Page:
If you are marinating the steak before grilling it, place the steak and just 1/2 cup of sauce in a large sealable plastic bag. Marinate 2 hours or overnight in the refrigerator. Thirty minutes prior to grilling, remove steaks from refrigerator and let it sit at room temperature. Discard the marinade and pat the steak very dry.

Grilling Outdoors. If you are grilling outdoors on your barbeque grill (preferred method), preheat the grill for direct grilling over high heat.

Grilling in Pan or Stovetop. If you are cooking the steak on the stovetop, set a large frying pan or griddle over high heat. When a bead of water sizzles and evaporates upon contact, add the oil and swirl to coat.

Add the steak to the hot grill or pan in one layer. The pieces should not be touching. Cook for 3 to 5 minutes on each side for medium-rare. Skirt steak varies in thickness so you might want to add the thicker pieces to the grill or pan first and give them an extra minute of head start.

Let the grilled steak rest for 5 minutes then cut ACROSS the grain for ultimate tenderness. Pour the remaining 1/4 cup of the Balsamic Teriyaki Sauce over the meat.

Yield: 4 servings

Roasted Beef Tenderloin

December 31, 2010

Slightly adapted from Giada De Laurentiis via Food Network

During the holidays and other special occasion dinners, I like to serve two different kinds of protein. It’s just something that I just grew up with. One of them is usually either a ham or turkey; and then there will be another piece of protein for variety.  As I was planning my menu recently, Red  suggested that we tried this beef tenderloin when we had company over. I followed this recipe and made no substitutions; and it was a success. The beef was tender (almost fork-tender!), juicy, and was perfectly seasoned… do I also need to mention easy? Our guests really loved it; and we did too! We were just so satisfied by how tender and flavorful the beef was.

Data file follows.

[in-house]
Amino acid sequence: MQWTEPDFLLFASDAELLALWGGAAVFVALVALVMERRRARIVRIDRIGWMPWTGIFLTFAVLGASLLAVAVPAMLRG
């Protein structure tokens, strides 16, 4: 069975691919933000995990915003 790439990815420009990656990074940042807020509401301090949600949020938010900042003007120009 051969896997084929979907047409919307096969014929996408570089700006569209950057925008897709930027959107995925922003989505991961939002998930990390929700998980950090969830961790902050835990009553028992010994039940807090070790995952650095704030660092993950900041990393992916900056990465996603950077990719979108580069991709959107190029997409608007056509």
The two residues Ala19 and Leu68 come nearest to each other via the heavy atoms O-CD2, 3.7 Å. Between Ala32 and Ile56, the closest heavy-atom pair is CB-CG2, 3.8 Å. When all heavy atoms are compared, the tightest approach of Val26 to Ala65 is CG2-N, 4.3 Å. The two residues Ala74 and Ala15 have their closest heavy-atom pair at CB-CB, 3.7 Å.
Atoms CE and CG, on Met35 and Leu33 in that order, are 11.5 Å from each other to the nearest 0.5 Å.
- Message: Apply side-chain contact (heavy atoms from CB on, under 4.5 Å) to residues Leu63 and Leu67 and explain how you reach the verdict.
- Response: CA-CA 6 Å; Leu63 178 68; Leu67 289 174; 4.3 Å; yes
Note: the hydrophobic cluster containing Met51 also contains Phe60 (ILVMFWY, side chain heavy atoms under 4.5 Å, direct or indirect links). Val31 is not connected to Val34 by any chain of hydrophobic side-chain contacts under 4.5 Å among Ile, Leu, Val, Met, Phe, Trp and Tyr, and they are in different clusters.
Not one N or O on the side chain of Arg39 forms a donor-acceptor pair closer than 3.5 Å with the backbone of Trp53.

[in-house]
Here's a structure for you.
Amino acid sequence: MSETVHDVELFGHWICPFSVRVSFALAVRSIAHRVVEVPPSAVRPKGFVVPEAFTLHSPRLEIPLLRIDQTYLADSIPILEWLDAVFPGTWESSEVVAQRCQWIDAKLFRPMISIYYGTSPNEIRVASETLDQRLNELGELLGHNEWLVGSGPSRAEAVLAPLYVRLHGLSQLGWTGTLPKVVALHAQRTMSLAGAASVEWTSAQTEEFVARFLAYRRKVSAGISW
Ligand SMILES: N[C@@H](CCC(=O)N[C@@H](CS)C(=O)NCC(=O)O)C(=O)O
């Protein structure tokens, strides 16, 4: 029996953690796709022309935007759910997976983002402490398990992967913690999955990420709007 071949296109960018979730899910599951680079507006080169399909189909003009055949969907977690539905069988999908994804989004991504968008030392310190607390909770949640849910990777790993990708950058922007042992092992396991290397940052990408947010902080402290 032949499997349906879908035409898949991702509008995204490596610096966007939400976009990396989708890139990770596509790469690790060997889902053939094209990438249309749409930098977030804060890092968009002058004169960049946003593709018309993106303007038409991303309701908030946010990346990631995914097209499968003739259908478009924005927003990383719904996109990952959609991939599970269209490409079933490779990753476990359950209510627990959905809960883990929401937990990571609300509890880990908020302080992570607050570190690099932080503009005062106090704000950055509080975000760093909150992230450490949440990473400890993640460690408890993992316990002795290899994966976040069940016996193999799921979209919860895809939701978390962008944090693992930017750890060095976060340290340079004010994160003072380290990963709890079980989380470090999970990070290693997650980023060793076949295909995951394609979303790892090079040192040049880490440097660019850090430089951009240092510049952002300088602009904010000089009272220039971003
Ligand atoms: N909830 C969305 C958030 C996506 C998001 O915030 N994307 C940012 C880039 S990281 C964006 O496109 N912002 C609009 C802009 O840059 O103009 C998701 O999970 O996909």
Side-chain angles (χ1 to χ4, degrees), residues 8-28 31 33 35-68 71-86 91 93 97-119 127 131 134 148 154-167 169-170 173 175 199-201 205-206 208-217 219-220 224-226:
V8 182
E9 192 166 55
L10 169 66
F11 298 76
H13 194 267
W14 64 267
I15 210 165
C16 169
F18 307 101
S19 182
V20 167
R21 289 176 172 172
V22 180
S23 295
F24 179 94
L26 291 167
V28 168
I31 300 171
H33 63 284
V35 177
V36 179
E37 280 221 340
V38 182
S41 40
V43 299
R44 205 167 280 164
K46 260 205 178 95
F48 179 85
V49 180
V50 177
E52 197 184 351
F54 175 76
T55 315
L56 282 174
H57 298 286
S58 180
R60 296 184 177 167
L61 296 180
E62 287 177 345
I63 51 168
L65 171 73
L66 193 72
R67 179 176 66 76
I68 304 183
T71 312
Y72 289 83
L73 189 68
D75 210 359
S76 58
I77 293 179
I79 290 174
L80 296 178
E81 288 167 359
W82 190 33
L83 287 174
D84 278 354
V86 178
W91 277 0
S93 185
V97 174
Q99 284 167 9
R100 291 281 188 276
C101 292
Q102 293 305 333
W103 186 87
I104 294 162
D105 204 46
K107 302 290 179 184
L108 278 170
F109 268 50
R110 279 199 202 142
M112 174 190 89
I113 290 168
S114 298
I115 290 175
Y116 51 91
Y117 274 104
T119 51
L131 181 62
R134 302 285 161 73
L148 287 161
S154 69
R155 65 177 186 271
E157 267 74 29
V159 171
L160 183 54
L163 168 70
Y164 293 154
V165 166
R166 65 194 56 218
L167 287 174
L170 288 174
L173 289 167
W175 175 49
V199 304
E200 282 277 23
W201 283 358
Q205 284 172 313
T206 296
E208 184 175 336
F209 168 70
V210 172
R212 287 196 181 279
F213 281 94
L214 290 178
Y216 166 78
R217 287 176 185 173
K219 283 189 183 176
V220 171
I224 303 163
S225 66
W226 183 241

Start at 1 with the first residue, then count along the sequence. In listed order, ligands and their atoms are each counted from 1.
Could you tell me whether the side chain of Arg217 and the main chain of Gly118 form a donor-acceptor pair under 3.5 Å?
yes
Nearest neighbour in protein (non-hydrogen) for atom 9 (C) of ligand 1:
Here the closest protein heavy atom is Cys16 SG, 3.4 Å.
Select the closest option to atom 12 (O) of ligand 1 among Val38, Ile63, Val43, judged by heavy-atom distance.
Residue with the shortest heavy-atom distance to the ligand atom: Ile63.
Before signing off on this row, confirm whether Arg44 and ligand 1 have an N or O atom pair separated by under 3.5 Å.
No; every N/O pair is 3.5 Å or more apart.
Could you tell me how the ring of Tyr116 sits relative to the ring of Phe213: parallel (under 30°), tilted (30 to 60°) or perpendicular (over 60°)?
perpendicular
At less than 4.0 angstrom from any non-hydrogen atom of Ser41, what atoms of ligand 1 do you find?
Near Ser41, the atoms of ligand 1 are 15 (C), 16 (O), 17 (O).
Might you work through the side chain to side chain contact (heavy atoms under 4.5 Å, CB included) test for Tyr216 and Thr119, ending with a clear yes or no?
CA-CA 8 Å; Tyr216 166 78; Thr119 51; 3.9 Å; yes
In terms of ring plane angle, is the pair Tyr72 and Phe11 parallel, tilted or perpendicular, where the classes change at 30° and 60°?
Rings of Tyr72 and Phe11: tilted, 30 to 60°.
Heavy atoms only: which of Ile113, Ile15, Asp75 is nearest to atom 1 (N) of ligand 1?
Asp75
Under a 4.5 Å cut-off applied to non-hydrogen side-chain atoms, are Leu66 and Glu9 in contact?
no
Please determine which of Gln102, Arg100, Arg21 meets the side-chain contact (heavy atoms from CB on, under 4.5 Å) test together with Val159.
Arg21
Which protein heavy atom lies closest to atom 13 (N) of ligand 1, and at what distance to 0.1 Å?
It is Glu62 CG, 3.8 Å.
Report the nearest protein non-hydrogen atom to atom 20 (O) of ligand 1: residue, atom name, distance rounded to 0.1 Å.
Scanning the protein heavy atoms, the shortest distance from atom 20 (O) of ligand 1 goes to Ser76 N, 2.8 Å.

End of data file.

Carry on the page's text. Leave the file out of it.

The original recipe suggested that we serve this with basil-curry mayonnaise, but I decided not to post the recipe. I made it, however none of the guests or we really cared for it. I think the flavoring was a little bit too overpowering for the beef. It may be a good pairing for something else (a crostini perhaps?)  We enjoyed the beef on its own with the rest of our meal. If you are looking for a new main dish to impress your family or friends for your New Year’s celebration, make this recipe. I know you will not regret this! Wishing you a prosperous New Year’s!


Vegetable oil cooking spray
2 teaspoons cumin seeds
2 teaspoons coriander seeds
3 cloves garlic
1/4 teaspoon kosher salt, plus 2 teaspoons
1 teaspoon freshly ground black pepper
2 tablespoons extra-virgin olive oil
1 (3 1/2 to 4-pound) beef tenderloin, trimmed


Arrange an oven rack in the center of the oven and preheat the oven to 400 degrees F. Spray a heavy baking sheet with vegetable oil cooking spray. Set aside.

In a spice grinder, finely grind the cumin seeds and coriander seeds. Heat a small skillet over medium heat. Add the spices and cook for a few seconds until aromatic and toasted. Put the spices in a small bowl. Chop the garlic on a cutting board and sprinkle with 1/4 teaspoon salt. Holding a chef’s knife at a 45 degrees angle, scrape the garlic and salt together to form a paste. Add the garlic paste to the bowl with the spices. Add the remaining 2 teaspoons salt, black pepper, and oil and stir until smooth.